Inspect your purchases at Bud and Marilyn’s, a queer owned, chic American diner that’s a great choice for brunch, lunch and people watching (request a window seat). Order the crispy cheese curds and thank me later. 

The gayborhood is also home to the city’s annual OutFest (, a free event which attracts a fantastically diverse range of folks from across the LGBTQI+ rainbow and a perfect place to make new friends and dance in the streets. If you’re looking for action, head to the Toasted Walnut, which was literally heaving with queer women of all ages when I visited. 

On the outskirts of the gayborhood is South Street, home to the Magic Garden, a giant folk-art installation and community centre comprised of mosaics and other found materials. Local artist Isaiah Zagar spent years working on the project, which is a truly unique experience and well worth a visit. 

History remains a major draw for many visitors to Philadelphia, with major attractions such at the Liberty Bell, Independence Hall and Benjamin Franklin museum all located in the Old City (arrive early to avoid long queues). A gentle stroll around the old buildings and green spaces is a lovely way to spend an early morning, particularly Elfreth’s Alley – a picturesque cobbled street famous for being the oldest inhabited road in the US. 

A short walk takes you to Third Street, where you can splash your cash in an array of boutique and interiors shops, galleries and coffee outlets. It’s also home to The Center for Art in Wood, a fascinating space which featured an exhibit on women in woodwork during my visit. 

It’s impossible to miss the many colourful and diverse murals that adorn Philly streets. The city started to be decorated with giant murals back in 1984 and now the city has 4,200, making it the nation’s largest public art project and the unofficial mural capital of the world. As well as being beautiful to look at, the initiative behind the scheme, Mural Arts, is admirable indeed, with a major focus on community building and connecting with marginalised groups, such as immigrants and those leaving prison.

Communities can apply for a mural that reflects their area and demography and, incredibly, only 4% of Philly’s murals have been defaced with graffiti or tags, evidencing the high regard with which people view the project. I joined a Mural Arts walking tour that took me into Center City and gave me an insight into a part of Philly I might never have otherwise ventured. Even if you’re just passing through the city, joining a Mural Arts tour is an absolute must.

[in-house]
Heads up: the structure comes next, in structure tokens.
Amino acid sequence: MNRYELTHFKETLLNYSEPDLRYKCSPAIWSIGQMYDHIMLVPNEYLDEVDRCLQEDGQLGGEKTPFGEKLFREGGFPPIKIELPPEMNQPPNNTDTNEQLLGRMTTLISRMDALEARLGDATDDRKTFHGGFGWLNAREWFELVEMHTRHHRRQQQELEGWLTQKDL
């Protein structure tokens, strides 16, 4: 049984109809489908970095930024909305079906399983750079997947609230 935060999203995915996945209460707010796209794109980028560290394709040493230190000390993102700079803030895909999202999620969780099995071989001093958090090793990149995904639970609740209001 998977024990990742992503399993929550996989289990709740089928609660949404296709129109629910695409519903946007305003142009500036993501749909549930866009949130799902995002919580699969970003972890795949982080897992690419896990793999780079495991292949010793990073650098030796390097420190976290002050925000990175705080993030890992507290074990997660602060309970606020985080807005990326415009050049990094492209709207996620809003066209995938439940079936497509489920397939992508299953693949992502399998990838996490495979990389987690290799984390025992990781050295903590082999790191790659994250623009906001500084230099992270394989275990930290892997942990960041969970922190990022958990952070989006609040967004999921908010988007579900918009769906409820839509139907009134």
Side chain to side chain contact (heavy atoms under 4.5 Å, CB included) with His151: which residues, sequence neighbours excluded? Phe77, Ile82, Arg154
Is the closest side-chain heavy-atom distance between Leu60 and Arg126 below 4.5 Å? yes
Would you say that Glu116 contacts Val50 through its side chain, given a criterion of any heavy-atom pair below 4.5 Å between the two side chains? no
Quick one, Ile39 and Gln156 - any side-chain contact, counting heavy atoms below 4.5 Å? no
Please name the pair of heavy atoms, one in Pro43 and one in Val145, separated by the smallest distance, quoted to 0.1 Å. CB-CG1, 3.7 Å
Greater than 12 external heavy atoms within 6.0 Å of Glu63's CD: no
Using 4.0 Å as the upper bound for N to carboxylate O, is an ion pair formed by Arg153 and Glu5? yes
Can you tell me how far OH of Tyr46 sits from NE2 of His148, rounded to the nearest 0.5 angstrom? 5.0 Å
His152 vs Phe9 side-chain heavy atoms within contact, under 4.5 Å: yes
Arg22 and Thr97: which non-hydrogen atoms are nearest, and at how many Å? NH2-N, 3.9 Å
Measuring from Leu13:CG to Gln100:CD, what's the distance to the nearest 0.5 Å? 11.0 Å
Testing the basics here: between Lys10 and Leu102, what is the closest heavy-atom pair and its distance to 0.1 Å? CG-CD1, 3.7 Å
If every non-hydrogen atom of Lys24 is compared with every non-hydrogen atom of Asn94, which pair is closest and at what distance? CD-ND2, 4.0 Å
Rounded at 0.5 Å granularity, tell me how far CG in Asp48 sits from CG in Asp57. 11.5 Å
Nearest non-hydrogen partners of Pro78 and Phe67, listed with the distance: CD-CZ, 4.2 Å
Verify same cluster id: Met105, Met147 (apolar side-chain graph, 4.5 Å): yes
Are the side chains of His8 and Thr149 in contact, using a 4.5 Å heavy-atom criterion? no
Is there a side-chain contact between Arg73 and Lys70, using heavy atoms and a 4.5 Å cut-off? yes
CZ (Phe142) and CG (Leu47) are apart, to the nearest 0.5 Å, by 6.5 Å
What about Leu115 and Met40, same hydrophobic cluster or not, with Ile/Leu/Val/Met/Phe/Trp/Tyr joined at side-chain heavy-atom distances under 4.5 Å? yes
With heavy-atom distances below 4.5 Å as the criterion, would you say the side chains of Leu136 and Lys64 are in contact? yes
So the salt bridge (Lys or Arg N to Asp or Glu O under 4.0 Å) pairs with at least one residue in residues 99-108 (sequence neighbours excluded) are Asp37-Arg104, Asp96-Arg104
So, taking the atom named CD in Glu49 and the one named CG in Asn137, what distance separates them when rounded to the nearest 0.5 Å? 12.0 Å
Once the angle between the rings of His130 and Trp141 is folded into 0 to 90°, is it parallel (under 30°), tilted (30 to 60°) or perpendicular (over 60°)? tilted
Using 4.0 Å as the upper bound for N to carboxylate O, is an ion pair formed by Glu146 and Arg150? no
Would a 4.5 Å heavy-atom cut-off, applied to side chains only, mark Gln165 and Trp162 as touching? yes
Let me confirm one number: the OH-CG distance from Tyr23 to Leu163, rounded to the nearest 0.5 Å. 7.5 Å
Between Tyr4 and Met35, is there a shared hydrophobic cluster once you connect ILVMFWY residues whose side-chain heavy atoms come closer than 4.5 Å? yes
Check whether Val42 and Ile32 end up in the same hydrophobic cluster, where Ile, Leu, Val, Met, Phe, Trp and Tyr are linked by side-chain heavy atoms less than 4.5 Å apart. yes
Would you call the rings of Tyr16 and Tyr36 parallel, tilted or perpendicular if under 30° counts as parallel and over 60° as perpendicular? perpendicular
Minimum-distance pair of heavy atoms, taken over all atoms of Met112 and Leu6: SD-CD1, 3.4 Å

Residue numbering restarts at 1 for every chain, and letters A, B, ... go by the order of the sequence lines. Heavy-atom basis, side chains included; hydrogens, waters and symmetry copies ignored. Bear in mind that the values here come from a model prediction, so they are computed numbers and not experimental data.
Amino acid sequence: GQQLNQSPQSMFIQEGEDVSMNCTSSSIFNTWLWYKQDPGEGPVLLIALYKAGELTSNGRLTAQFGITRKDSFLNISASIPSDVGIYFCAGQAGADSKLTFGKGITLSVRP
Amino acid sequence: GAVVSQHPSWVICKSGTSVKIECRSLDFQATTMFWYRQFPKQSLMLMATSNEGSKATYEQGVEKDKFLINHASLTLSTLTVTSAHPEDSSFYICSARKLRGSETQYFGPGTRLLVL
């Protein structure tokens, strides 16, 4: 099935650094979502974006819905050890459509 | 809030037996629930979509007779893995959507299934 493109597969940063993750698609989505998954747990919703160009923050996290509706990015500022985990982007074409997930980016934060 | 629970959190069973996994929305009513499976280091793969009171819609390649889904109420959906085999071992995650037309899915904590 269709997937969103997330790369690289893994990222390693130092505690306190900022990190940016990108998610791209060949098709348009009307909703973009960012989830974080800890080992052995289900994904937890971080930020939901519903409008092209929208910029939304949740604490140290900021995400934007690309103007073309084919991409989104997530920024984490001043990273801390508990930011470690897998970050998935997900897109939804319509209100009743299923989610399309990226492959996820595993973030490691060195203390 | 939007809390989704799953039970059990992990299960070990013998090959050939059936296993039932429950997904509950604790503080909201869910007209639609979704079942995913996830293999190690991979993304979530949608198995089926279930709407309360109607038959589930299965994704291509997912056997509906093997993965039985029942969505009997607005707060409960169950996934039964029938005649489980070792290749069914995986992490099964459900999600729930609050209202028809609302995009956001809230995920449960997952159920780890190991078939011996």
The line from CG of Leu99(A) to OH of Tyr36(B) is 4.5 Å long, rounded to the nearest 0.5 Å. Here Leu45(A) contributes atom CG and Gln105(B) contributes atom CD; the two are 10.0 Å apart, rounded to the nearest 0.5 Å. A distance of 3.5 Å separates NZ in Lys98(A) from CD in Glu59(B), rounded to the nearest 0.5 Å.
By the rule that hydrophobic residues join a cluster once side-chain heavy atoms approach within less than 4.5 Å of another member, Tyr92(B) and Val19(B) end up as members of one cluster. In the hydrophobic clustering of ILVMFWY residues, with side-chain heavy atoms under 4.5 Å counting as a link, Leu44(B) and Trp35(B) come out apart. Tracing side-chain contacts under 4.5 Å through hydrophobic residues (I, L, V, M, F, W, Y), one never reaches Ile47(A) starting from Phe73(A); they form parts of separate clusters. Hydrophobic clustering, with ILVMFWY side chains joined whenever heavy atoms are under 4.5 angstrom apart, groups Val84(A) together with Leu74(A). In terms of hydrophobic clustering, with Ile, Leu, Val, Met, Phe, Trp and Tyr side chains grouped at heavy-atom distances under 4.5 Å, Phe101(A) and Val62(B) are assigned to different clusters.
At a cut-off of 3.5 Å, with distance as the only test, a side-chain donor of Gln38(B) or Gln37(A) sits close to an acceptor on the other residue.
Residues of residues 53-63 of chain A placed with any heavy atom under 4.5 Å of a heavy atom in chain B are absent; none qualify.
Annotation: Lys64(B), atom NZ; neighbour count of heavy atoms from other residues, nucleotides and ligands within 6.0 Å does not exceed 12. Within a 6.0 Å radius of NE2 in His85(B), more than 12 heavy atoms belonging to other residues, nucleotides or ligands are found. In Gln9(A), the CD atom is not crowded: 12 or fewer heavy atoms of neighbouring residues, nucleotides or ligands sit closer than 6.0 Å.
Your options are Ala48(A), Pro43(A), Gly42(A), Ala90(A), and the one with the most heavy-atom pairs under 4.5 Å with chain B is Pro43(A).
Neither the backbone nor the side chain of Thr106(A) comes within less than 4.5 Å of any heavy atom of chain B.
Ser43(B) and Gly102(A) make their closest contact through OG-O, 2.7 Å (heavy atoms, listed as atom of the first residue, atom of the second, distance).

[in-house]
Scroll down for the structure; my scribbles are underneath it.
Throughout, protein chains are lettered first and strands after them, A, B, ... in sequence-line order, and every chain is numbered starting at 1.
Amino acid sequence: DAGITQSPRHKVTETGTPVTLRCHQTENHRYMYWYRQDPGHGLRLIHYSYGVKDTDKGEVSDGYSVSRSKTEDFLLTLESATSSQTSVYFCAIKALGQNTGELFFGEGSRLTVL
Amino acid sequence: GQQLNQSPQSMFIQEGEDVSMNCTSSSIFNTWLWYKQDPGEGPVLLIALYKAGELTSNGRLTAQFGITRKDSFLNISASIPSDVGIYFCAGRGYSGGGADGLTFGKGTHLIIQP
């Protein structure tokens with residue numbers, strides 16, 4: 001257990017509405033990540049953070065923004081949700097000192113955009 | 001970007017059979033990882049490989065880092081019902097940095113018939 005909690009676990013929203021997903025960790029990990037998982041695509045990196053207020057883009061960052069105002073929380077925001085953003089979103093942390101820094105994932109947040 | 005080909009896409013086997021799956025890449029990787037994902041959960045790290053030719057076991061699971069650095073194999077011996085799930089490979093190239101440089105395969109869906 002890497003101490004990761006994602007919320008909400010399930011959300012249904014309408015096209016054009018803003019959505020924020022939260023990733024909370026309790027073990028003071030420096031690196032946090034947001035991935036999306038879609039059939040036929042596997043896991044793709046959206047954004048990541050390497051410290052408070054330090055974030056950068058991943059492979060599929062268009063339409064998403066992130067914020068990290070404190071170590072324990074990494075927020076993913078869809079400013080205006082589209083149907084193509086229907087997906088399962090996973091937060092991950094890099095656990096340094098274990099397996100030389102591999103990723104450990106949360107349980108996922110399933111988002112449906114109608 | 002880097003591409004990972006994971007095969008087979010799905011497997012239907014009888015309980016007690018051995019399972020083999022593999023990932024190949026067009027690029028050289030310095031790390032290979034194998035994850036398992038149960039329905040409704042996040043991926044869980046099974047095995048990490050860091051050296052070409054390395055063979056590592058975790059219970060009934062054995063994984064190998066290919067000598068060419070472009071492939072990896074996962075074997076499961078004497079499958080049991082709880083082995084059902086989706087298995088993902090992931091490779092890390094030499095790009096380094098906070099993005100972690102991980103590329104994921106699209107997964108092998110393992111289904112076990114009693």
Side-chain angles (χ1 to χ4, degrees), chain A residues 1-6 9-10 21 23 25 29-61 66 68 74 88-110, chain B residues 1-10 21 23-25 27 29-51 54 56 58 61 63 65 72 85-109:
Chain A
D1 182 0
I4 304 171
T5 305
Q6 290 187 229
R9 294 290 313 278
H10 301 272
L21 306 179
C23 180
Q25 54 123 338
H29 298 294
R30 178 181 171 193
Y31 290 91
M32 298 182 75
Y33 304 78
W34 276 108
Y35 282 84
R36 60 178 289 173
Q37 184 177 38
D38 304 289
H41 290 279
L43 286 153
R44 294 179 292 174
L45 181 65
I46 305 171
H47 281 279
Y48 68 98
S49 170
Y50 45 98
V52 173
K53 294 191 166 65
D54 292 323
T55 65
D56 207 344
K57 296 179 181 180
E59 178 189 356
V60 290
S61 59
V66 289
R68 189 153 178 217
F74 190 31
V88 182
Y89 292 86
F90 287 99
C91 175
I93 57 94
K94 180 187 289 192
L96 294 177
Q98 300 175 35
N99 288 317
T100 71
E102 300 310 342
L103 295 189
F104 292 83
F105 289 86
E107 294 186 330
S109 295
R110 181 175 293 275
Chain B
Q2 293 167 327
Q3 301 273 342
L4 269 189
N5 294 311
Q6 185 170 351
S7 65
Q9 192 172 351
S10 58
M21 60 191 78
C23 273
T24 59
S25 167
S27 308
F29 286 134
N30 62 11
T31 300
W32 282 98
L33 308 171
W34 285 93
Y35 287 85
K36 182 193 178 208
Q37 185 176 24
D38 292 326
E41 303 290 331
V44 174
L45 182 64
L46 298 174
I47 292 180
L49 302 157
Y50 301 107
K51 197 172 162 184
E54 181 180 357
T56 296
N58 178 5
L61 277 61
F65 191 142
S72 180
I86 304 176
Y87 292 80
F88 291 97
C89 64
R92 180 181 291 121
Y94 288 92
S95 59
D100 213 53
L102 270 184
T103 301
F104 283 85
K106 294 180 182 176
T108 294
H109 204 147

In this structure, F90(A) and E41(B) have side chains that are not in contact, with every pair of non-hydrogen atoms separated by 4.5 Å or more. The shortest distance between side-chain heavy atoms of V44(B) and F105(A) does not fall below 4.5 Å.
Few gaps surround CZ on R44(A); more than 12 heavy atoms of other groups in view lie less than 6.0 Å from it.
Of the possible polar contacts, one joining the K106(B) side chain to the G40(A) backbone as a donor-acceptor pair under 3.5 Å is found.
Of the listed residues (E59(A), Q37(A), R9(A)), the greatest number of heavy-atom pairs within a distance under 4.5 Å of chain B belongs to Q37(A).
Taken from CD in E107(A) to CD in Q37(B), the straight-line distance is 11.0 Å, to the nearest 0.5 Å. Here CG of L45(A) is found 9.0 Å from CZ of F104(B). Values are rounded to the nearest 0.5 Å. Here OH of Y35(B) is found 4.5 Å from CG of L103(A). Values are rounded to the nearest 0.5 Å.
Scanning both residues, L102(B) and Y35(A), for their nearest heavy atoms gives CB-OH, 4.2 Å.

Finally: Fishtown! Apparently, this is where all the lesbians live, although I didn’t clock any major queer PDAs, sadly. It’s also home to a great time, with plenty of bars, bistros and bakeshops to explore – drop by Cake Life, a queer-owned bakery in Market Street for all the cakes and cookies your sweet tooth desires. Front Street Cafe is a great stop for healthy plates which – along with Fishtown Brewpub, a veritable dream for craft beer lovers – has also played host to a monthly queer meet-up in the city.  

Despite the claims of a certain TV show, it might not always be sunny in Philadelphia, but it’s certainly a city on the rise and packed with places to explore, things to do and new people to meet. Away from the superficialities of the nation’s coastal cities, this is US realness personified, complete with friendly natives and a pulse. Philly’s star is on the ascendant, so believe the hype and start planning your trip. 

Where to stay in Philly?

While there are plenty of options for places to rest your head in Philly, we liked the Fairfield Inn and Suites Downtown & Center City (, which sits in the beating heart of the gaybourhood – perfect for people-watching, making new friends and with easy access to all the bars and restaurants your queer heart desires. This contemporary boutique hotel comes with giant beds, flat-screen TVs and subway-tiled bathrooms. There’s also a 24-hour fitness centre for gym bunnies and fitness fans.